Remembering Wounded Knee

On December 29th, 1890 at Cankpe Opi Wakpala, better known to the outside world as Wounded Knee on the Pine Ridge Reservation, U.S. troops laid yet another black eye on the American landscape.

We could go on and on about war and greed and expansion. We can debate forever about why so much violence has happened in the name of the Christ, the most peaceful one. That kind of finger pointing has no end, but when you line hotchkiss guns, that are made to literally mow down large numbers, and just keep firing until every man, woman, elder and child are dead in the snow, well then there is something to talk about. Then there is a  place to draw a line in the sand.

I can’t wrap my mind around how someone could fire upon a child. The reports all say several children were found trying to nurse from their dead mothers as even they took their last breaths. A spirit never dies, and I believe they still haunt the land and they still gnaw as the consciousness of us. I believe everything in this life is connected and just because we can ignore something doesn’t mean we can escape it.

My apologies to Spotted Elk for using his photograph in this way, but I think he, another peaceful one, would want to use anything to bring more attention to the plight and treatment of his people.

Wounded Knee happened long after the governments forceful removal of the indigenous peoples of the east and south. They had already moved the Creek people to Oklahoma. My forefathers by that time had enough white blood, to claim white and therefore stay in southern Alabama. They claimed white wherever they could to avoid prejudice. They buried the Indian in all of them, never to be spoken of until it was essentially lost.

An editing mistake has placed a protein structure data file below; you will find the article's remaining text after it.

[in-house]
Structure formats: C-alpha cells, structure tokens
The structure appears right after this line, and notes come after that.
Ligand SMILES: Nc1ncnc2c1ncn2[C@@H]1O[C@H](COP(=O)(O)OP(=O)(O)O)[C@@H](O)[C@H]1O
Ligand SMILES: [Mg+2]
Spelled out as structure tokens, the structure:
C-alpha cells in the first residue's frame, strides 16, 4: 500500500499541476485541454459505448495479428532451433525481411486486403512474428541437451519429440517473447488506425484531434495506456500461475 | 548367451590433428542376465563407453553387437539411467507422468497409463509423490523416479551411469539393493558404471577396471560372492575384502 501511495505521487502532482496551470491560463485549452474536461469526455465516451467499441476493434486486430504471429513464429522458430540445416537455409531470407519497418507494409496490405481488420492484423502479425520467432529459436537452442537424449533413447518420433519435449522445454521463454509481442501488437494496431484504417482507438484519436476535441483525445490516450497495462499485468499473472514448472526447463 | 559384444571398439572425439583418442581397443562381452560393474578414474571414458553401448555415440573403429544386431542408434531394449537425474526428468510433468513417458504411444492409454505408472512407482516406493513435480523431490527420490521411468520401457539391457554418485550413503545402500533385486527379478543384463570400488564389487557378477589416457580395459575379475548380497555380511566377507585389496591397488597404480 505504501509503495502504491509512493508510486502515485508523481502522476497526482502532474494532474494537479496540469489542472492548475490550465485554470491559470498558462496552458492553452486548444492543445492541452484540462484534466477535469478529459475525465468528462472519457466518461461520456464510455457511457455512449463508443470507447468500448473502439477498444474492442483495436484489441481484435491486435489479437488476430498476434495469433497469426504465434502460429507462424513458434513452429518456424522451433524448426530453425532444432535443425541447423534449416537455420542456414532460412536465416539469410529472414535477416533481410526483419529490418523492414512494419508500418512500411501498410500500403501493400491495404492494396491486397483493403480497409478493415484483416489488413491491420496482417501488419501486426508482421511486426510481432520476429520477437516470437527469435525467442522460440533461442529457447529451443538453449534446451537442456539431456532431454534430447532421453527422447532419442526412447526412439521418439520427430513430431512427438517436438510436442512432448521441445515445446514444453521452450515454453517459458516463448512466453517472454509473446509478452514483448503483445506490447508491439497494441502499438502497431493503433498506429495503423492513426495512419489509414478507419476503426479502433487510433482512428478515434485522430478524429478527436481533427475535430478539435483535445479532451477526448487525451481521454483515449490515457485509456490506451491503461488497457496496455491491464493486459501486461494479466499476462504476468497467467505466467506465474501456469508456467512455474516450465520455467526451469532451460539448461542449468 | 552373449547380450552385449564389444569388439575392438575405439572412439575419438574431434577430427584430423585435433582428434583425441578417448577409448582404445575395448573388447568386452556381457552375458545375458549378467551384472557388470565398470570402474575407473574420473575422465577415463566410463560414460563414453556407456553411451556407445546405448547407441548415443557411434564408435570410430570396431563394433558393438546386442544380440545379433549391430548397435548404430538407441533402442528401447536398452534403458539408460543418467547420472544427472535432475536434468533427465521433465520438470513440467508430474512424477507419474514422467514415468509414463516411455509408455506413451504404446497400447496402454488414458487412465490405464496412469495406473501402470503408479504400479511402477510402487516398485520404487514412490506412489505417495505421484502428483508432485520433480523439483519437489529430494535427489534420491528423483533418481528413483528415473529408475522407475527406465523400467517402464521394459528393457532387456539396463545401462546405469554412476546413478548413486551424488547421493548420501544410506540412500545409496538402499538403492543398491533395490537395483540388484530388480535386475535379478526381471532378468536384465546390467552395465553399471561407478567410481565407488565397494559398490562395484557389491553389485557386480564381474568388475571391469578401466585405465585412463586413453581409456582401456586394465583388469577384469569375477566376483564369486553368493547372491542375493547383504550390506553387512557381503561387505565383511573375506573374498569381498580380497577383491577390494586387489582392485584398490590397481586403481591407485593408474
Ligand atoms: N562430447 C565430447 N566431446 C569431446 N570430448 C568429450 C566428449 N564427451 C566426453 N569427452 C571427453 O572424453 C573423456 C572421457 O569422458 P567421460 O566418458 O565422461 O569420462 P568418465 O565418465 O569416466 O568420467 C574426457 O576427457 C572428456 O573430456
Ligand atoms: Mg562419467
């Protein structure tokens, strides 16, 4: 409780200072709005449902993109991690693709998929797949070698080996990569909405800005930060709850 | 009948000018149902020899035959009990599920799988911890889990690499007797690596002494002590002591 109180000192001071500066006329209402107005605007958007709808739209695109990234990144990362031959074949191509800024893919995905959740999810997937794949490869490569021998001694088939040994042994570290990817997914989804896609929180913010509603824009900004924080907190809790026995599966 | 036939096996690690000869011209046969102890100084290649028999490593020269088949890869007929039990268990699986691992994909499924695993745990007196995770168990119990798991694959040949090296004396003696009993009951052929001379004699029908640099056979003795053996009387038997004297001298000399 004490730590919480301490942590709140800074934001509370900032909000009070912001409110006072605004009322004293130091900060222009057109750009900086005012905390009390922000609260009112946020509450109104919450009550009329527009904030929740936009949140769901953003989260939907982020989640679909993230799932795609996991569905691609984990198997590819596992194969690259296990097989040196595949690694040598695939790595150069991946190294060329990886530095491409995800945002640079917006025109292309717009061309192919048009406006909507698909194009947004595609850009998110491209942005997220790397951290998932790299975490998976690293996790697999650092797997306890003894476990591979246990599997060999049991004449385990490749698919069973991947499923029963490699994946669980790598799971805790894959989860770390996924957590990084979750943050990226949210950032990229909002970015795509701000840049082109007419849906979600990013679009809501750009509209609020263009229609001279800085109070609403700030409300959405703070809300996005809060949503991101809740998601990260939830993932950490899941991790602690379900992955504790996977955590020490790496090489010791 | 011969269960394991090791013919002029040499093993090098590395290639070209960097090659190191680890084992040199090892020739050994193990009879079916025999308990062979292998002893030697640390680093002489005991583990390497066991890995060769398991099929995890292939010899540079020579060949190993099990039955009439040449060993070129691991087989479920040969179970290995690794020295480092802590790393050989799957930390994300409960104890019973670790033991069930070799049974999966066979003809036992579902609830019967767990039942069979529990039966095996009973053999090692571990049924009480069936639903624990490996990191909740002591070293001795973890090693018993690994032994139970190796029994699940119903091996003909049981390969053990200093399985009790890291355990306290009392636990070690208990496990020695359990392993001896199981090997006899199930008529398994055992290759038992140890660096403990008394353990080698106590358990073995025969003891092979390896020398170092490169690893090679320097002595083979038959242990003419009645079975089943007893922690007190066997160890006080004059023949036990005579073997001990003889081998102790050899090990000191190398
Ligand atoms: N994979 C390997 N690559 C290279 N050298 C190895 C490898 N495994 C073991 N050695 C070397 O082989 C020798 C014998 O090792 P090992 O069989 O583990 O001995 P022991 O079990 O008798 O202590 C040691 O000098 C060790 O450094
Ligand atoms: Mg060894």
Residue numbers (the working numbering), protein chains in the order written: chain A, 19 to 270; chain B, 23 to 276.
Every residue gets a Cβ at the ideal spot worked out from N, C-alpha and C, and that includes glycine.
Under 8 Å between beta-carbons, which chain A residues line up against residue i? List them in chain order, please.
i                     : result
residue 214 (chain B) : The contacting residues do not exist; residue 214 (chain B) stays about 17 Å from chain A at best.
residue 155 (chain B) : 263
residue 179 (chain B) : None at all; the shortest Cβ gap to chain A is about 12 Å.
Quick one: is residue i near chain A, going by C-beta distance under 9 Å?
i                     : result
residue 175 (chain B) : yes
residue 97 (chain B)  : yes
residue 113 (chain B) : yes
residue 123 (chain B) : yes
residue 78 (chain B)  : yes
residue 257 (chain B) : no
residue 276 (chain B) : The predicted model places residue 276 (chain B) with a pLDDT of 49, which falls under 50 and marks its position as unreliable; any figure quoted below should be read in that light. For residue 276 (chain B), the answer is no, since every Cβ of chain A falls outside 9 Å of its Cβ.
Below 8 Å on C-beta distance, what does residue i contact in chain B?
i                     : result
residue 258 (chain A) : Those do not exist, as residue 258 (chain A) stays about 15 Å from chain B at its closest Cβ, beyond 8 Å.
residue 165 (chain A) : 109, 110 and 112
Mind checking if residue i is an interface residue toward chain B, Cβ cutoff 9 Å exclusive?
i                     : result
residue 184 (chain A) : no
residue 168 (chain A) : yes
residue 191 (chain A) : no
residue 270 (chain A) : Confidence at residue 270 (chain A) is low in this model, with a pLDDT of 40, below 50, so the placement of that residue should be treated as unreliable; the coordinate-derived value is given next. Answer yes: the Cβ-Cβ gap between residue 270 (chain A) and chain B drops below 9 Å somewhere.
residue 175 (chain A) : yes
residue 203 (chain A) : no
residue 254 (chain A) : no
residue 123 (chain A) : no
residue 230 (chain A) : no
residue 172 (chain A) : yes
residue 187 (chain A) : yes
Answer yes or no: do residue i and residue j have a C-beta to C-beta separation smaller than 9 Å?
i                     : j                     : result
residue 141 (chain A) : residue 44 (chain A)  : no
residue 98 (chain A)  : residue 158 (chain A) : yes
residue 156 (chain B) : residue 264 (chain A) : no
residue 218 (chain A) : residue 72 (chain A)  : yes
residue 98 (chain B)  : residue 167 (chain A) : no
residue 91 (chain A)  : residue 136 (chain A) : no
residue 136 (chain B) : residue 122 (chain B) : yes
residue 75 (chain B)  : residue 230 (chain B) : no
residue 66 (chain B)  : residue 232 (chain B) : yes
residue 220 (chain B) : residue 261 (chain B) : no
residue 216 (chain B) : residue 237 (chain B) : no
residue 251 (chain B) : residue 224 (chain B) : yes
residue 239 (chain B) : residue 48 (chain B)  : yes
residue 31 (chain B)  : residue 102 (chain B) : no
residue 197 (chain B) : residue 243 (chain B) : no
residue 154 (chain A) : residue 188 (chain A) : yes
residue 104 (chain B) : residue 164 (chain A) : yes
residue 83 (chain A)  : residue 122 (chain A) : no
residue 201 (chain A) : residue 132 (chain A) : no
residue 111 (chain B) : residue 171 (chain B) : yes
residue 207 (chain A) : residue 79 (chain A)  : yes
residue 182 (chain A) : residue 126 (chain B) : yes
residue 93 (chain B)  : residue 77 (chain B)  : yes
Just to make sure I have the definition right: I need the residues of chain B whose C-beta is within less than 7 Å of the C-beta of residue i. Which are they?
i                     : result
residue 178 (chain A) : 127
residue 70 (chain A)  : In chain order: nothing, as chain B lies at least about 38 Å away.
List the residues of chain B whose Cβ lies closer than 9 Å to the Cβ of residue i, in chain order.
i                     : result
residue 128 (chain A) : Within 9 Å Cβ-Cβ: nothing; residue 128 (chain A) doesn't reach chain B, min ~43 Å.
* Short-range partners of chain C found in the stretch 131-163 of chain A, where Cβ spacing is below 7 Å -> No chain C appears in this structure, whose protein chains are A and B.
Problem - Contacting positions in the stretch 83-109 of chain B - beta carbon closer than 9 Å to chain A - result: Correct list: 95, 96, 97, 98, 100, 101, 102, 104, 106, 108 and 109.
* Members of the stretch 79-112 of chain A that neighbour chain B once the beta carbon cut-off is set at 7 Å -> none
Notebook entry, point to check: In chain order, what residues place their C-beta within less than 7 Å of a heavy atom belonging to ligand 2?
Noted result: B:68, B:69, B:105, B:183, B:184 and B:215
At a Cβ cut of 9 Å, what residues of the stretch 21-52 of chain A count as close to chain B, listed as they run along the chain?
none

Nothing can be done to take away what has been done. But we as a culture and a people who I believe want to live honorably, need to be aware of what was done in our name. That history books are written by the victors and don’t come close to truth. Take a moment of your day on Dec 29 to remember those fallen. Those elders. Those women. Those helpless children. Remember to, the ones who pulled the triggers, for had they been more awake in spirit would have been horrified .

There must be understanding on both sides if the blood stains on this land are ever to heal. I can only speak from one side, and it is a side from the other side of the fence. I am a person that some might say has no right to speak to this. But I think everyone has a right to begin a healing.

While we can’t change the past, everyone can have a hand in the future. We are all brothers and sisters. We are all related. Mitakuye Oyasin !

 

Advertisements

4 thoughts on “Remembering Wounded Knee

  1. Thank you for acknowledging. This moment stands out in so many ways for many people, native and non-native.
    Thank you for the sincerity in your words.

  2. hi i walways wanted to see the wounded knee memorial site,i saw it in the movie “Thunderheart” when i first started reading about our NATIVE AMERICAN HISTORY,one of the stories i first read was about WOUNDED KNEE AND THAT SET ME OFF ON A SELF STUDY OF READING ALLOT OF BOOKS ON NATIVE ISSUES. I WILL ONE DAY VISIT THE WOUNDED KNEE MEMORIAL SITE AND EXOERIENCE TOUCHING THE PLACES,GROUND THERE FOR MYSELF. THANK YOU FOR YOUR WEB SITE.

  3. This is a photo of Chief Big Foot, not Spotted Eld.

    My apologies to Spotted Elk for using his photograph in this way, but I think he, another peaceful one, would want to use anything to bring more attention to the plight and treatment of his people.

Leave a Reply

Fill in your details below or click an icon to log in:

WordPress.com Logo

You are commenting using your WordPress.com account. Log Out / Change )

Twitter picture

You are commenting using your Twitter account. Log Out / Change )

Facebook photo

You are commenting using your Facebook account. Log Out / Change )

Google+ photo

You are commenting using your Google+ account. Log Out / Change )

Connecting to %s